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LISBON, Portugal – A national referendum to scrap Portugal’s strict abortion law appeared headed to defeat Sunday because of low turnout, even though a majority of voters approved it.

Turnout was below the 50 percent required to make the ballot valid, according to exit polls. The government has said it would enact legislation easing the abortion law if most of those who voted Sunday backed the proposal.

Debate over the abortion law, one of the most restrictive in the European Union, pitted the Socialist government against conservative parties and the Catholic Church, which claims more than 90 percent of Portuguese as followers.

Under current law, the procedure is allowed only in cases of rape, fetal malformation or if a mother’s health is in danger, and only in the first 12 weeks of pregnancy.

In most other EU nations, abortion is permitted within much broader limits. Women can ask for abortions up to the 24th week of pregnancy in Britain and up to the 12th week in Germany, France and Italy. Portugal’s center-left Socialist government wants to grant women the right to opt for abortion during the first 10 weeks of pregnancy.


CAMBRIDGE, Mass. – Harvard University named historian Drew Gilpin Faust as its first female president on Sunday, ending a lengthy and secretive search to find a successor to Lawrence Summers and his tumultuous five-year tenure.

The board of overseers elected Faust, a noted scholar of the American South and dean of Harvard’s Radcliffe Institute for Advanced Study, as the university’s 28th president. She was chosen after a search in which a number of potential candidates said they were not interested in the job.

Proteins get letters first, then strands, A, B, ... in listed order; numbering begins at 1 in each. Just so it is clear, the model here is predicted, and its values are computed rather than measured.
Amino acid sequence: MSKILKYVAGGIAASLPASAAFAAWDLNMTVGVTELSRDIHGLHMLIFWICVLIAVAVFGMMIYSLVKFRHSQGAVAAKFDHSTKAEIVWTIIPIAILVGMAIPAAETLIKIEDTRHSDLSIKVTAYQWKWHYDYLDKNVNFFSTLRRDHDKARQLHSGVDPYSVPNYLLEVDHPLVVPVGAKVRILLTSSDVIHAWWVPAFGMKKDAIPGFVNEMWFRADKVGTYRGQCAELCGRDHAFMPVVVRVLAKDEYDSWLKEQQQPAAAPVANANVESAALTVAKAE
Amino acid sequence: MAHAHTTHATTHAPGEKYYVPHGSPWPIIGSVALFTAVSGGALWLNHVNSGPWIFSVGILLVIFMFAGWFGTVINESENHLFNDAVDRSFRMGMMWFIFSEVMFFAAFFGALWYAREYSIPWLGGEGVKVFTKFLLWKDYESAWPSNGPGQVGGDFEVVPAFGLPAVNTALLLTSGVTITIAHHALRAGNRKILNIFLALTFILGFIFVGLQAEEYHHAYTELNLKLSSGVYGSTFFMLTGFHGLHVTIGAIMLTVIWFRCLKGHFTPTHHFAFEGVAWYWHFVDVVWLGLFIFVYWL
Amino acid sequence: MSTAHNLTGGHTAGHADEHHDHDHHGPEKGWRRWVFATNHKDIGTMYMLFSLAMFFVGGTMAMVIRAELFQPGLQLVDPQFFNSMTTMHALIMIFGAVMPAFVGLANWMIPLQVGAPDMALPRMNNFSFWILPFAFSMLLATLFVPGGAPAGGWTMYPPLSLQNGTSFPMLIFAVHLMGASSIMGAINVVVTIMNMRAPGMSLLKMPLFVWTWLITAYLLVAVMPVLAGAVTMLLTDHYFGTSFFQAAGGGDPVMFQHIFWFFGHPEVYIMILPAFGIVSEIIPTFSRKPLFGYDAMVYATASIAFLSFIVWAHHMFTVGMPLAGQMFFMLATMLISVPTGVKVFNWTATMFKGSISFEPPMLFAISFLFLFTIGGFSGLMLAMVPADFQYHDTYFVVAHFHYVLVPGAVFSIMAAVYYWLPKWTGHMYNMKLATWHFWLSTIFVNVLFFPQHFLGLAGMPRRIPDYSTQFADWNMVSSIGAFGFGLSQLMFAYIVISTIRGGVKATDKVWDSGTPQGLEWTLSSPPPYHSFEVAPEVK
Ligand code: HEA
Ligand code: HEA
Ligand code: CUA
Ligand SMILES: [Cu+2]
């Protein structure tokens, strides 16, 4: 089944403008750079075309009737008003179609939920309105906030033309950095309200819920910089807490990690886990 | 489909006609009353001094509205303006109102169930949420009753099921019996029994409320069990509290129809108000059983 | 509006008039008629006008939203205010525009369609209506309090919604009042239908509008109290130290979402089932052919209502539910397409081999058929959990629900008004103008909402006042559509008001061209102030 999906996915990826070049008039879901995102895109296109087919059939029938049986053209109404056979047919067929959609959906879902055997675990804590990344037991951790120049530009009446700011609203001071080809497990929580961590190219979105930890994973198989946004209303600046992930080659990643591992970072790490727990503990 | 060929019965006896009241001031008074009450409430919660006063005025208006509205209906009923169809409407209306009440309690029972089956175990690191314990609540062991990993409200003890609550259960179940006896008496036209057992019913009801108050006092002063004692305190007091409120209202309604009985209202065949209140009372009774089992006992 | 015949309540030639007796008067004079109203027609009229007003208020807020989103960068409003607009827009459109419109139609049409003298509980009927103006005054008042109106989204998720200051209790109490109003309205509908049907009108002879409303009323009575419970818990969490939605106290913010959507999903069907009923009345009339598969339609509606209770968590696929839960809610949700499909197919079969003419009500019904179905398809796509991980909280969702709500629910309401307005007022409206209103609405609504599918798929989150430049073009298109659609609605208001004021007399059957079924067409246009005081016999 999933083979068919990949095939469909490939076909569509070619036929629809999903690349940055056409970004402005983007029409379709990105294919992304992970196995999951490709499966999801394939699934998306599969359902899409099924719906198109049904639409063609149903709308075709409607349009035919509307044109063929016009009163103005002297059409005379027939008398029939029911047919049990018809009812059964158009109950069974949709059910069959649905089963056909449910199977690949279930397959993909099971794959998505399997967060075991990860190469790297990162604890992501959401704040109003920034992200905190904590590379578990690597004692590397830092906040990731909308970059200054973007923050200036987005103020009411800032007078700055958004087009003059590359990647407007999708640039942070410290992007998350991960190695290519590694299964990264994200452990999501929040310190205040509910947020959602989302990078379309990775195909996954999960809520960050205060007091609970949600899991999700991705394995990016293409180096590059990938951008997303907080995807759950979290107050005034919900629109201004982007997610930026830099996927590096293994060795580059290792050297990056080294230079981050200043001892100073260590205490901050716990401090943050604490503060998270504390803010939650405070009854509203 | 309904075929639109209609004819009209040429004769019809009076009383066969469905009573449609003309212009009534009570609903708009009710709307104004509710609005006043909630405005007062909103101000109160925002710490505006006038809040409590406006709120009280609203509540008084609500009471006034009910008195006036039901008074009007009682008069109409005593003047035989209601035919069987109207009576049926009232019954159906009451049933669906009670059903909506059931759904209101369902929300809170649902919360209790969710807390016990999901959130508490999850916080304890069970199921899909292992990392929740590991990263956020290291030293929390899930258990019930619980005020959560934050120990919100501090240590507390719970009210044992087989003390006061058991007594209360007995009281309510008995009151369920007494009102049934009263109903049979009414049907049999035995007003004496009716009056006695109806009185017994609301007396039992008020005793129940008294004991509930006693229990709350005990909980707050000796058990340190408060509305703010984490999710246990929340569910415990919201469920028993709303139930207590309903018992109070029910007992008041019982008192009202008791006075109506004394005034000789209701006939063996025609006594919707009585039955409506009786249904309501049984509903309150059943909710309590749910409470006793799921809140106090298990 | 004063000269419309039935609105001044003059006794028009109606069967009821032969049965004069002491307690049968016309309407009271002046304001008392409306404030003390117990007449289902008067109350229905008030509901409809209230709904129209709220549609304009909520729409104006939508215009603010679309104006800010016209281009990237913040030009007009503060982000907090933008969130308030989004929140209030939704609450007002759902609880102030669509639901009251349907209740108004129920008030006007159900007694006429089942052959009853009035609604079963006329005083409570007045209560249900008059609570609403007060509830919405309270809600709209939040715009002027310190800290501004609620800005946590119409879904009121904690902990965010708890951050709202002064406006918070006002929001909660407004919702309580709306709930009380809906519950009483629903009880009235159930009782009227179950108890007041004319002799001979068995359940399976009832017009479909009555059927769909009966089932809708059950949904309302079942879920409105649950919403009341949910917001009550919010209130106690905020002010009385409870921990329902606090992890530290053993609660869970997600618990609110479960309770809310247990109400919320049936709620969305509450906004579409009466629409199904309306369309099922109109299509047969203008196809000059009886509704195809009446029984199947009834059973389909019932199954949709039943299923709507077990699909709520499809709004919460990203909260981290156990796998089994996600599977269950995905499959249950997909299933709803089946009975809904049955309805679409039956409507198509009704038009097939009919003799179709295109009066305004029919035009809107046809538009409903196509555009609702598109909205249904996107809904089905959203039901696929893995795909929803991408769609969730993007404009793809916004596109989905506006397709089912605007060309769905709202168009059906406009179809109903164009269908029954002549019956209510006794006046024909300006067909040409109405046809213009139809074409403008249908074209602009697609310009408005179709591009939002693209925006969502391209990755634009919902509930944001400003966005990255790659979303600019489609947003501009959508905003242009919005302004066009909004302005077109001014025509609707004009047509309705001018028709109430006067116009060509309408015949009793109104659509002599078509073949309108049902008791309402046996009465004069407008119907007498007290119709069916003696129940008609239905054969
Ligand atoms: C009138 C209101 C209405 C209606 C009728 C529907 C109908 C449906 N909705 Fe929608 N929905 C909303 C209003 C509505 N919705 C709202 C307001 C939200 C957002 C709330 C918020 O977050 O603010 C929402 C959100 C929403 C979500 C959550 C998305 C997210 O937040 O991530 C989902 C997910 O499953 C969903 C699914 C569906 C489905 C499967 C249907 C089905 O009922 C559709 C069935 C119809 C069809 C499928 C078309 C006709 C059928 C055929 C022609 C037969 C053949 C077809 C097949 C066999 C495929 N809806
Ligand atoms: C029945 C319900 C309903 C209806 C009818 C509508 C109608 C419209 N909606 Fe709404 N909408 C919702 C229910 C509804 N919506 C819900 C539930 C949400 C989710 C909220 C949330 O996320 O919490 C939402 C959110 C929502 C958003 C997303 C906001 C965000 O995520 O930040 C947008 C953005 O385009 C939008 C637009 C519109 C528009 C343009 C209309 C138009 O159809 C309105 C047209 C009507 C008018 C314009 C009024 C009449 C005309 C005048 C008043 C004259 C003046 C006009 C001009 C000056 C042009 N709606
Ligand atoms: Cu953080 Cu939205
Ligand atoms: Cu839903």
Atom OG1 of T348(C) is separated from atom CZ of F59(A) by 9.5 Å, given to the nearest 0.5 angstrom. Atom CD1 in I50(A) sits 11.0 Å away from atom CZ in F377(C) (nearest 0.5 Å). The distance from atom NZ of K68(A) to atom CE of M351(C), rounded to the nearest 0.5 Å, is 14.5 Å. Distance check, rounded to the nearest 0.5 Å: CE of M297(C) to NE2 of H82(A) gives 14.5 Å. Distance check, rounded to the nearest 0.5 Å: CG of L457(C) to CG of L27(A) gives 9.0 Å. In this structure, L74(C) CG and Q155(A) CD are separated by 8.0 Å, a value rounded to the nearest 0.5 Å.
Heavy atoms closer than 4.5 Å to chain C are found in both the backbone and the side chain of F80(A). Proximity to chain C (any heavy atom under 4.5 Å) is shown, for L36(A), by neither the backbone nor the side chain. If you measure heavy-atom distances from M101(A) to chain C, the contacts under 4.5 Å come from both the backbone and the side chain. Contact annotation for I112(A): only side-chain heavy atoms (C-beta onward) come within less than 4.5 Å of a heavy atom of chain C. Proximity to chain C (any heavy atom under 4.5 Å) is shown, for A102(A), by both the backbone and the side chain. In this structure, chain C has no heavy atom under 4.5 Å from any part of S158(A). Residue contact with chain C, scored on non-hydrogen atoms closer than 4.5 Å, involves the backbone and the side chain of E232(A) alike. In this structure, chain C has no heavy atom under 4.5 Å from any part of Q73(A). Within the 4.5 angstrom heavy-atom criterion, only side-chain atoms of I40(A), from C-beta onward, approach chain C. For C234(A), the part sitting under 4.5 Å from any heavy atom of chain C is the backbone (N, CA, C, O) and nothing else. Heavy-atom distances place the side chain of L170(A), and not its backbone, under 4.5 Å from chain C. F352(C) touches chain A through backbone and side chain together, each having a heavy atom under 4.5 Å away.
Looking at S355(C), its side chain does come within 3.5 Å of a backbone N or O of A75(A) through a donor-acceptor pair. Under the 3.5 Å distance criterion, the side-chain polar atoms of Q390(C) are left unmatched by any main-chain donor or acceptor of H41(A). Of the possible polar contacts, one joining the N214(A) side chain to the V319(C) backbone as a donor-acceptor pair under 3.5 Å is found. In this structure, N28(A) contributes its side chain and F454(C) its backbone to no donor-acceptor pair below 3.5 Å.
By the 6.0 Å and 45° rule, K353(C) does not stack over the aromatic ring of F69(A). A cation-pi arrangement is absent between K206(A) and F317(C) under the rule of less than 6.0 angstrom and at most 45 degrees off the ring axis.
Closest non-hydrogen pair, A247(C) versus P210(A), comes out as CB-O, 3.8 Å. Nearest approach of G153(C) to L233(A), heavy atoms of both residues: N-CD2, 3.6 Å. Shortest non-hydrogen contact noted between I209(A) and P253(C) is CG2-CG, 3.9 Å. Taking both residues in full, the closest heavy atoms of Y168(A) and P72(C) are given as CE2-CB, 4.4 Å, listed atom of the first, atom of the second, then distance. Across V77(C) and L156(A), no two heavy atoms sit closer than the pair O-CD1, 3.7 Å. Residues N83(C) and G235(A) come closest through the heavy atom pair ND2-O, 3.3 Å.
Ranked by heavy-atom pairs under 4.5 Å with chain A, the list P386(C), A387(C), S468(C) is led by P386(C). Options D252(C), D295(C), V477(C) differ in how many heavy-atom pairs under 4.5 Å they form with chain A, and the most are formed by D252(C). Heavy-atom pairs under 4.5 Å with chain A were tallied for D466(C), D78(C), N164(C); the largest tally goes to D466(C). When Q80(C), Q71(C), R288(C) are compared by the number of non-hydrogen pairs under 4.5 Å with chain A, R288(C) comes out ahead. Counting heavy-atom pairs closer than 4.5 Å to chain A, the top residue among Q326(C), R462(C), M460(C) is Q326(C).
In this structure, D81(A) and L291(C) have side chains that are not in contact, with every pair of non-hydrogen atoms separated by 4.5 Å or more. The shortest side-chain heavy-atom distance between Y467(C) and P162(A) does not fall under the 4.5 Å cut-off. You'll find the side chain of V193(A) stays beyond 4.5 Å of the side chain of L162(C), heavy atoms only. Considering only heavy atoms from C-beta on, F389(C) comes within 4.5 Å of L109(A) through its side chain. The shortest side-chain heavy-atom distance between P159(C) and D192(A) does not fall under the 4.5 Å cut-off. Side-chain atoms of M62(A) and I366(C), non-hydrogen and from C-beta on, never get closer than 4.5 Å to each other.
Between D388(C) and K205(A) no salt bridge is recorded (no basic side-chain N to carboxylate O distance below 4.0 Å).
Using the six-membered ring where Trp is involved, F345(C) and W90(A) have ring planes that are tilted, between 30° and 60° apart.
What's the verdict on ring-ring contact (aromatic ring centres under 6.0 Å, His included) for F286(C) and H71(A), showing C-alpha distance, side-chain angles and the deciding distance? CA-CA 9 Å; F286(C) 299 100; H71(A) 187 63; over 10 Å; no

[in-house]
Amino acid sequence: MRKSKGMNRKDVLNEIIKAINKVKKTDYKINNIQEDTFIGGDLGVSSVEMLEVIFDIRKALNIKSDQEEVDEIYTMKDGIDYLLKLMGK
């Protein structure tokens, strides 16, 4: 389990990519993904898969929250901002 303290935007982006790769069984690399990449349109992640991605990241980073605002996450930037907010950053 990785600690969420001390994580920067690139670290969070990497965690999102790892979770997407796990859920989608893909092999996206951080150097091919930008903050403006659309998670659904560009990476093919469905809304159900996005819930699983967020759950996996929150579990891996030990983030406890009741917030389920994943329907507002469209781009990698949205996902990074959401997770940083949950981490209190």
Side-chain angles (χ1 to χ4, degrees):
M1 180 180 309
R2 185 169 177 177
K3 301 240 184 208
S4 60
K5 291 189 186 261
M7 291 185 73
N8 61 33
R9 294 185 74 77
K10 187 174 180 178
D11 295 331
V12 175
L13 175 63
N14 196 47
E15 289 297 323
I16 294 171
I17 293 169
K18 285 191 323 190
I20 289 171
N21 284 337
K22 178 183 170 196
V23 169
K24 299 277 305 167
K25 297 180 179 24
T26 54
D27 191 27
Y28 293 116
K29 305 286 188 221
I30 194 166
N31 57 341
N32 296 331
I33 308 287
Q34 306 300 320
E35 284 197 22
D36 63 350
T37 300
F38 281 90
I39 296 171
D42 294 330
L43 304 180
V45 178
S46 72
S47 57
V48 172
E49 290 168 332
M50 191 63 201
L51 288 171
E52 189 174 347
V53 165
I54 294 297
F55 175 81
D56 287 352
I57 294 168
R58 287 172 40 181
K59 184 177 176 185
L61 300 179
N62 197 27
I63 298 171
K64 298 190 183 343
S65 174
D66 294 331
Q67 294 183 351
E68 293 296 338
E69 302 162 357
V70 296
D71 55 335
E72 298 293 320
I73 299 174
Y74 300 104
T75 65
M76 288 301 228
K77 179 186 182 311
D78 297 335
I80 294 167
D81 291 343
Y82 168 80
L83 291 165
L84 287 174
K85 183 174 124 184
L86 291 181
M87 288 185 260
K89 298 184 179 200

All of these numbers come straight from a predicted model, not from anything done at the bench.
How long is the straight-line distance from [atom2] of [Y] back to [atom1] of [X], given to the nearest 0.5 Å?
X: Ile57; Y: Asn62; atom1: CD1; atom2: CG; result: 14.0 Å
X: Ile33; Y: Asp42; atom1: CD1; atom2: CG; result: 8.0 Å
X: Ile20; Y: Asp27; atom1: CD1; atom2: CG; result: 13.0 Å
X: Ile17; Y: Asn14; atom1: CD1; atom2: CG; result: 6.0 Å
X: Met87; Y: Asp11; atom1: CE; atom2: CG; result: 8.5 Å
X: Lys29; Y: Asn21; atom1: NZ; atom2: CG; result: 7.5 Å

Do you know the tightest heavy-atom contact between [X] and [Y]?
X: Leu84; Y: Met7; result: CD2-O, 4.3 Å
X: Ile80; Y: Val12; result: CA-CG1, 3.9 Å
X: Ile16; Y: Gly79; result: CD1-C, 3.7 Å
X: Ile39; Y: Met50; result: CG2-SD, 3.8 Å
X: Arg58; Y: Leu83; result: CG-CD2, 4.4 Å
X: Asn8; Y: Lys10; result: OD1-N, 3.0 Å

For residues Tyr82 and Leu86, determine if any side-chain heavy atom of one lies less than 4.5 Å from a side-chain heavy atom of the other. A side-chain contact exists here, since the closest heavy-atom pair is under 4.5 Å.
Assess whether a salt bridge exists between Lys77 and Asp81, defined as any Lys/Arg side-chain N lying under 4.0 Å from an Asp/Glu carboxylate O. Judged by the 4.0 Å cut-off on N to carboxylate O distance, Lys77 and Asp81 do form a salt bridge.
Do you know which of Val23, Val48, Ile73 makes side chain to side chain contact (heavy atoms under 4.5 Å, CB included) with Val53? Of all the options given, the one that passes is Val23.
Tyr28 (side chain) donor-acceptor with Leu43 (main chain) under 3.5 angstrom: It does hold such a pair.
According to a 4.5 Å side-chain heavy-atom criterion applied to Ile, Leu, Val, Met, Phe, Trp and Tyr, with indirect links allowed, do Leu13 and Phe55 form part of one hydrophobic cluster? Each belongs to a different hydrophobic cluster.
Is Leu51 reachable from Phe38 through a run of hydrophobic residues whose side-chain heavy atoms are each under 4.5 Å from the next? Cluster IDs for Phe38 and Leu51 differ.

With the hiring of Faust, half of the eight Ivy League schools will have a woman as president. Her selection is noteworthy given the uproar over Summers’ comments that genetic differences between the sexes might help explain the dearth of women in top science jobs, comments which sparked debates about equality at Harvard and nationwide.

Faust oversaw the creation of two faculty task forces, formed in the aftermath of Summers’ remarks, to examine gender diversity at Harvard. She has been dean of Radcliffe since 2001, two years after the former women’s college was merged into the university as a research center with a mission to study gender issues.


CHARLOTTESVILLE, Va. – A University of Virginia psychiatrist says that many women have mediocre sex lives because more of them are becoming achievers and overachievers.

Anita H. Clayton, an expert on women’s sexuality and mental health, has noticed that the pressure to juggle work and family has caused sexual relations to become less of a priority.

“Women keep things going all at once,” said Clayton, a psychiatry professor at the University of Virginia Health System.

Clayton has written a book on her findings titled “Satisfaction: Women, Sex, and the Quest for Intimacy,” published by Ballentine/Random House. The book was written with Robin Cantor-Cook, a writer and an adjunct instructor at the College of William and Mary.

The book aims to help women find a way to raise their expectations about sexual satisfaction through gaining a better understanding of themselves and their needs.

“Women can change their level of satisfaction,” she said. “We need to change the belief systems that are holding us back.”

The book cites a study that showed 43 percent of women are unhappy with their sex lives, “which doesn’t seem bad unless you believe, as I do, that the other 57 percent were lying,” she said.

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